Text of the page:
Peter Conaghan

Pete describes his stroke as a ‘juggernaut’ which took control of his life and recalls his feeling at that time; ‘I was finished.’ 

That feeling, that all possibilities had been exhausted in the search for his old life, was to turn around 18 months ago when his family found Scottish War Blinded, an organisation which, Pete says, ‘has breathed new life into me.’

Peter confesses that despite being a veteran, he was unaware of Scottish War Blinded’s work with veterans with sight loss. Upon hearing about the charity he thought that it would be for people blinded during conflict.

Today he talks about how the team at the Linburn Centre in West Lothian, have supported his recovery, and have been in his words ‘the linchpin’ in transforming his life.

After his stroke, a fully accessible house was vital, and Peter struggled to find somewhere suitable. At that point, Scottish War Blinded stepped in and offered him an accessible new home in the grounds of the Linburn Estate, purpose built to be the perfect home for someone struggling with sight loss.

Pete describes moving into his new home as a ‘turning point in my recovery.’ Now within walking distance of the centre Pete began to attend daily strength and fitness classes, and sessions in the gym with personal trainer Keith. After much team work, he found his physical strength and co-ordination transformed; ‘When I first came here, I couldn’t so much as lift my hands above shoulder height – now I’m playing tennis!’

After a past life as an international runner for Scotland, and after jumping out of planes as a paratrooper, Pete found that the juxtaposition between his very active life, and his experiences after his stroke to be most frustrating.  He spoke of comparing ‘what I was, to what I am now.’ Yet he credits the attitude of centre staff to breaking down his barriers to find confidence in hard fought abilities.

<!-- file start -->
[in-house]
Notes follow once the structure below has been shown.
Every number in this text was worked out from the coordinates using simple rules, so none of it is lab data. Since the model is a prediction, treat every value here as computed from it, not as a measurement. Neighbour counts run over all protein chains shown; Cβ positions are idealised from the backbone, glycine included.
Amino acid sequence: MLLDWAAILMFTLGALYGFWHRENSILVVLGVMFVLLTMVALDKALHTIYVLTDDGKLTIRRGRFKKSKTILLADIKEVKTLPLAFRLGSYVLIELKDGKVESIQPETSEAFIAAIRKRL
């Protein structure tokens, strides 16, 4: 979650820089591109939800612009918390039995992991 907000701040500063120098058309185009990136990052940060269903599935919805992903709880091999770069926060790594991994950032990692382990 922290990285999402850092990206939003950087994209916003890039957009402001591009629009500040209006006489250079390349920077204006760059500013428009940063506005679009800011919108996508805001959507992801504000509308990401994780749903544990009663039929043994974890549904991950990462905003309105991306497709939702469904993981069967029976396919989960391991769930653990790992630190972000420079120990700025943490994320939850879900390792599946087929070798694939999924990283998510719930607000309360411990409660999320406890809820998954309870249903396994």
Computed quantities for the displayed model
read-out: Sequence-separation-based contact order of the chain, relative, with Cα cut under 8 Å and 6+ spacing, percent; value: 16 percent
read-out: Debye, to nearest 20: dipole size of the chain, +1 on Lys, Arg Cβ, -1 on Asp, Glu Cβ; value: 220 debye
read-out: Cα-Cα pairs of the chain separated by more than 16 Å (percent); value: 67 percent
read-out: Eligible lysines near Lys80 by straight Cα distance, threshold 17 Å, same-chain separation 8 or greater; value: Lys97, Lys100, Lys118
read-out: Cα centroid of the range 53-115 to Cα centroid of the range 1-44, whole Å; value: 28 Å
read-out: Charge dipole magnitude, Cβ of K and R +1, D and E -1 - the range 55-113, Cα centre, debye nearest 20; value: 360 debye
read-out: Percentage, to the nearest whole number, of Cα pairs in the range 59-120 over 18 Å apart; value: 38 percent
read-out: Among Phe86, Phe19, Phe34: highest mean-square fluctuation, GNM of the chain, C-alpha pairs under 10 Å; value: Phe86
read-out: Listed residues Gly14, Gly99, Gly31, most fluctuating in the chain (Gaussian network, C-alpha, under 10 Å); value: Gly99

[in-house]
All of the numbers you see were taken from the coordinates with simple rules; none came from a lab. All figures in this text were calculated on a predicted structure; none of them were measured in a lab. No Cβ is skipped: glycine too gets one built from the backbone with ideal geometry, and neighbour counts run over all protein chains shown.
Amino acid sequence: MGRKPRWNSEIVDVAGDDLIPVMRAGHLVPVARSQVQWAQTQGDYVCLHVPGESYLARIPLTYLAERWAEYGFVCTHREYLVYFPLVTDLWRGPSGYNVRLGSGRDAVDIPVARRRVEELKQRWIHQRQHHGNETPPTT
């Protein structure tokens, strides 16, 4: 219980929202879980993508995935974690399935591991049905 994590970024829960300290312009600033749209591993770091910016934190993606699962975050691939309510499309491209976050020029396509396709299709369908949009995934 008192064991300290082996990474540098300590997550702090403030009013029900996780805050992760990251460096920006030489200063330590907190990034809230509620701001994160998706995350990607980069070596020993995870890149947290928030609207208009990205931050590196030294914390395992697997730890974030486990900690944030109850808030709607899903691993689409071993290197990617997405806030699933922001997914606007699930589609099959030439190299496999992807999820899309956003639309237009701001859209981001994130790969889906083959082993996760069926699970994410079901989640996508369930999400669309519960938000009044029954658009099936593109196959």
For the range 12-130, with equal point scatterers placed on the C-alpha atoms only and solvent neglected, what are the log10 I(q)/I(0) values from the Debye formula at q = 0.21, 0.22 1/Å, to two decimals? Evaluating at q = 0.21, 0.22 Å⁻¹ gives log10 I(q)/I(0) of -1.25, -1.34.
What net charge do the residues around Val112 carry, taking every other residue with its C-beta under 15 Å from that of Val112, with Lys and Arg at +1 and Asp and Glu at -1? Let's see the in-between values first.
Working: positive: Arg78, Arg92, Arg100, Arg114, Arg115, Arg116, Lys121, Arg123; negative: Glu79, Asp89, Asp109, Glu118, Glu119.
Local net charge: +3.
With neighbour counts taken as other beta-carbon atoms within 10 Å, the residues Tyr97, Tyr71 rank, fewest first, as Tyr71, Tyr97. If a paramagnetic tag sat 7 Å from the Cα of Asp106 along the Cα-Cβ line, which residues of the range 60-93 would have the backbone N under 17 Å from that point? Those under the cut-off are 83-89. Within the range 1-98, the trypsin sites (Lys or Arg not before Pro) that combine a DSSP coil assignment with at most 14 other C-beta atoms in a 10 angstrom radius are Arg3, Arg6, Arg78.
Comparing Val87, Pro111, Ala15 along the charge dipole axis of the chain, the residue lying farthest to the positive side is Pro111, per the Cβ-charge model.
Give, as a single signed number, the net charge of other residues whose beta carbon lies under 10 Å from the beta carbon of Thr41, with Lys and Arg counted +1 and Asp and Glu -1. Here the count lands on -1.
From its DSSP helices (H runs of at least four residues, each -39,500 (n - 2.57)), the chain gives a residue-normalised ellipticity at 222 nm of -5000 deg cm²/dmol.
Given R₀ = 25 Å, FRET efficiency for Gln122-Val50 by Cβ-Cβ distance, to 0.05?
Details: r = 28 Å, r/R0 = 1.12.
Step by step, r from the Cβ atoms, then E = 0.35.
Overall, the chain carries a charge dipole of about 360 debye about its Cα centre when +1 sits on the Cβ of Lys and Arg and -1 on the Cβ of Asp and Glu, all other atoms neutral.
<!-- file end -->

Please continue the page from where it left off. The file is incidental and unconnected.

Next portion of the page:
‘I’d been told by my consultant to not go near a swimming pool, as the risks if I had a seizure were too high. Yet when I said I was interested in joining the weekly swimming trip, the team didn’t flinch, they made it possible, with the right number of people around me, for me to swim for the first time since my stroke. It was a great feeling of weightless-ness which I wouldn’t have experienced without their can-do attitude.’

A keen artist, Pete can be found often in the centre’s art room – where he is completing a series of portraits of Scotland’s famous runners, starting with the Sharp family. With assistance from tutor David to use specialist sight loss equipment, Pete has found painting to be a creative way to improve his co-ordination and strength with the satisfaction of seeing his hard work take shape. 

Pete has found that many veterans who have had sight loss as a result of a stroke wouldn’t approach Scottish War Blinded for help, as he himself says – ‘I thought the charity were only for the War Blinded.’ Now the chair of the centre’s Members Council, he is keen to find ways to challenge this perception of who the charity can help and encourage more veterans to see what opportunities the centre holds for them.

If you support a veteran who has suffered from a stroke and now experiences sight loss call 0800 035 6409 to get them the help they need today. 

 

 

 

 

 


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